Invasive alien species : a threat to sustainable livelihoods in the Pacific? : an assessment of the effects of Wasmannia auropunctata (little fire ant) and Achatina fulica (giant African snail) on rural livelihoods in the Solomon Islands : a dissertation presented in fulfilment of the requirements for the degree of Doctor of Philosophy in Development Studies, Massey University, Manawatū, New Zealand
Invasive alien species (IAS) are a global phenomenon and are recognised as a driver
of environmental change which can affect the well-being of people in a multitude of
ways. Despite this, the role of IAS in local livelihoods has received relatively little
attention. Influencing all three of the sustainable development pillars (social,
economic, environmental), IAS should be recognised as a significant development
issue. But they are not. As such, IAS issues are new to many sectors and governments
and therefore largely go unseen and un-actioned.
Contemporary rural livelihoods in the Solomon Islands are heavily reliant on
subsistence/semi-subsistence agriculture. Following a livelihoods’ framework
developed for the Solomon Islands, this thesis explores the influence IAS have on rural
livelihoods in this country. Using two qualitative case studies, Wasmannia
auropunctata (little fire ant) and Achatina fulica (giant African snail), this study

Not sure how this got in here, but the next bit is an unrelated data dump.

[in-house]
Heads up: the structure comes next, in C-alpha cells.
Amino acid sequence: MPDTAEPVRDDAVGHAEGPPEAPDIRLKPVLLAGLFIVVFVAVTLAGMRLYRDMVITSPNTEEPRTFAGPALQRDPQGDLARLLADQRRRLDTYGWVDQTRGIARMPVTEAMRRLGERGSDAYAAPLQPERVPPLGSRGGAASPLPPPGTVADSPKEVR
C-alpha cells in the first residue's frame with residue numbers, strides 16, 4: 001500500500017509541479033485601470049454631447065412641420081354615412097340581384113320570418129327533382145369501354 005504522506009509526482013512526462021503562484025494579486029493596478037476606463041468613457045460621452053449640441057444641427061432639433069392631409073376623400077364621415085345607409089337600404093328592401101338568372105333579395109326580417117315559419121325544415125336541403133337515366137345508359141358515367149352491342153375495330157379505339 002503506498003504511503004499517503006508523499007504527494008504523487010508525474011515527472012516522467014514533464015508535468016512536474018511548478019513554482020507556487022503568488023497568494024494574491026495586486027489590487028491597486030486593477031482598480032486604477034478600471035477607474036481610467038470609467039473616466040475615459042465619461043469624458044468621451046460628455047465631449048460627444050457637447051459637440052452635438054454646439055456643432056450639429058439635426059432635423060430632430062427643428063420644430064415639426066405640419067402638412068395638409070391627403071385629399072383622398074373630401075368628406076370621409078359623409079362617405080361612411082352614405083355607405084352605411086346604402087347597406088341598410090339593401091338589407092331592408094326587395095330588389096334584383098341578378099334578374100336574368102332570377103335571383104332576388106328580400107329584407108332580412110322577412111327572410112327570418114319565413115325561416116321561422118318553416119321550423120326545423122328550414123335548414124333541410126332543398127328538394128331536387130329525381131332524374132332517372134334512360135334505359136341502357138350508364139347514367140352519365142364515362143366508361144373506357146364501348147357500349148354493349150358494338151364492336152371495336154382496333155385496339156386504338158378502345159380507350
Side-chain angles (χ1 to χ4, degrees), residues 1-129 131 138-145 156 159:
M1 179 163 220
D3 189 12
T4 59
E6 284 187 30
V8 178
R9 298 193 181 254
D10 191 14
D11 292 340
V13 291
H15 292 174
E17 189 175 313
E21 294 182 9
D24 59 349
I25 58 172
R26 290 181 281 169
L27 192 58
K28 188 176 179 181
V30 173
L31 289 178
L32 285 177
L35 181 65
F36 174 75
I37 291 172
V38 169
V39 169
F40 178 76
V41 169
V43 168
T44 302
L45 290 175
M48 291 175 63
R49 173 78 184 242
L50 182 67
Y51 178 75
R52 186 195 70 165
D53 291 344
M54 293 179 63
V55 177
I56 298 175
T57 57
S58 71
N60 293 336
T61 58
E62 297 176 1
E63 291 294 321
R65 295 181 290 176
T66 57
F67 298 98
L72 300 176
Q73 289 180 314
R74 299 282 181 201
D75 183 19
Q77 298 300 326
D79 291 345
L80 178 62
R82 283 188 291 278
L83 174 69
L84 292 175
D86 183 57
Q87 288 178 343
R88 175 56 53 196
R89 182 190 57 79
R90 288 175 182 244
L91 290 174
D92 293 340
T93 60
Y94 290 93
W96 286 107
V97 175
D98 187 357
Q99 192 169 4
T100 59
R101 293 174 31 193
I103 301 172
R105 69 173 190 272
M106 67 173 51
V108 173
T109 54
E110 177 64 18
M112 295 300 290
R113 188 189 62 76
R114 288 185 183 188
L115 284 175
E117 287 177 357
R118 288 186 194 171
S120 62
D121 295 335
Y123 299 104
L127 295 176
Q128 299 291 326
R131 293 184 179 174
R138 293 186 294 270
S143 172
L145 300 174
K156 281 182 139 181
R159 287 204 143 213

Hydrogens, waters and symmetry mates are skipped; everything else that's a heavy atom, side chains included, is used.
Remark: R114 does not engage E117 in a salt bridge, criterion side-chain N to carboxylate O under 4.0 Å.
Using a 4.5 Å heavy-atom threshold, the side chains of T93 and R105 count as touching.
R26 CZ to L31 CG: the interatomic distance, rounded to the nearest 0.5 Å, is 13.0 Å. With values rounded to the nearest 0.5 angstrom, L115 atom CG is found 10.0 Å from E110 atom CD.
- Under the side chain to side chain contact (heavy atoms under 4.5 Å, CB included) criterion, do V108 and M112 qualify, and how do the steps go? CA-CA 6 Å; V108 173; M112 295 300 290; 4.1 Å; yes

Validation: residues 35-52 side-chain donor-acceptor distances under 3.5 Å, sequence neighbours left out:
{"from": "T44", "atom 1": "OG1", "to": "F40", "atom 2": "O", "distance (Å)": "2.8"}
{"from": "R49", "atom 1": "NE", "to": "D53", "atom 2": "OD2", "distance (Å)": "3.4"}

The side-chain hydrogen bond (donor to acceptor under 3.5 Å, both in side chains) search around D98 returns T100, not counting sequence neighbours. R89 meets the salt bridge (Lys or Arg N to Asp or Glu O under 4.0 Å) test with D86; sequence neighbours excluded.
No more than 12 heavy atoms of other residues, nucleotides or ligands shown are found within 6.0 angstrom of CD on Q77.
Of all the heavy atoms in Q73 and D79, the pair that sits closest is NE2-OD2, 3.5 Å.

investigates how vulnerable/resilient rural livelihoods are to the effects of IAS and the
implications IAS have for sustainable development in the Solomon Islands.
The effects of IAS on rural livelihoods are complex and at times contradictory. W.
auropunctata for the most part is not negatively affecting the dominant livelihood
strategy (subsistence/semi-subsistence agriculture) practised in the Solomon Islands.
While there are some social impacts associated with W. auropunctata, overall
Solomon Island households can be considered resilient to this IAS. Achatina fulica is
a different story. This species is negatively affecting the subsistence/semi-subsistence
agricultural sector on which so many rural Solomon Island households depend. This
has resulted in households implementing negative livelihood diversification measures
as they fail to cope or adapt to the snails’ presence. Unlike for W. auropunctata,
Solomon Island households have not demonstrated any resilience to A. fulica.
Understanding how rural livelihoods are affected by various stressors and adverse
events can help to design development policies and interventions geared towards
building better lives for all people. This can only occur however, if the full range of
shocks are recognised. To date, this is not the case for IAS, and as such, they are still a significant missing component of development policy.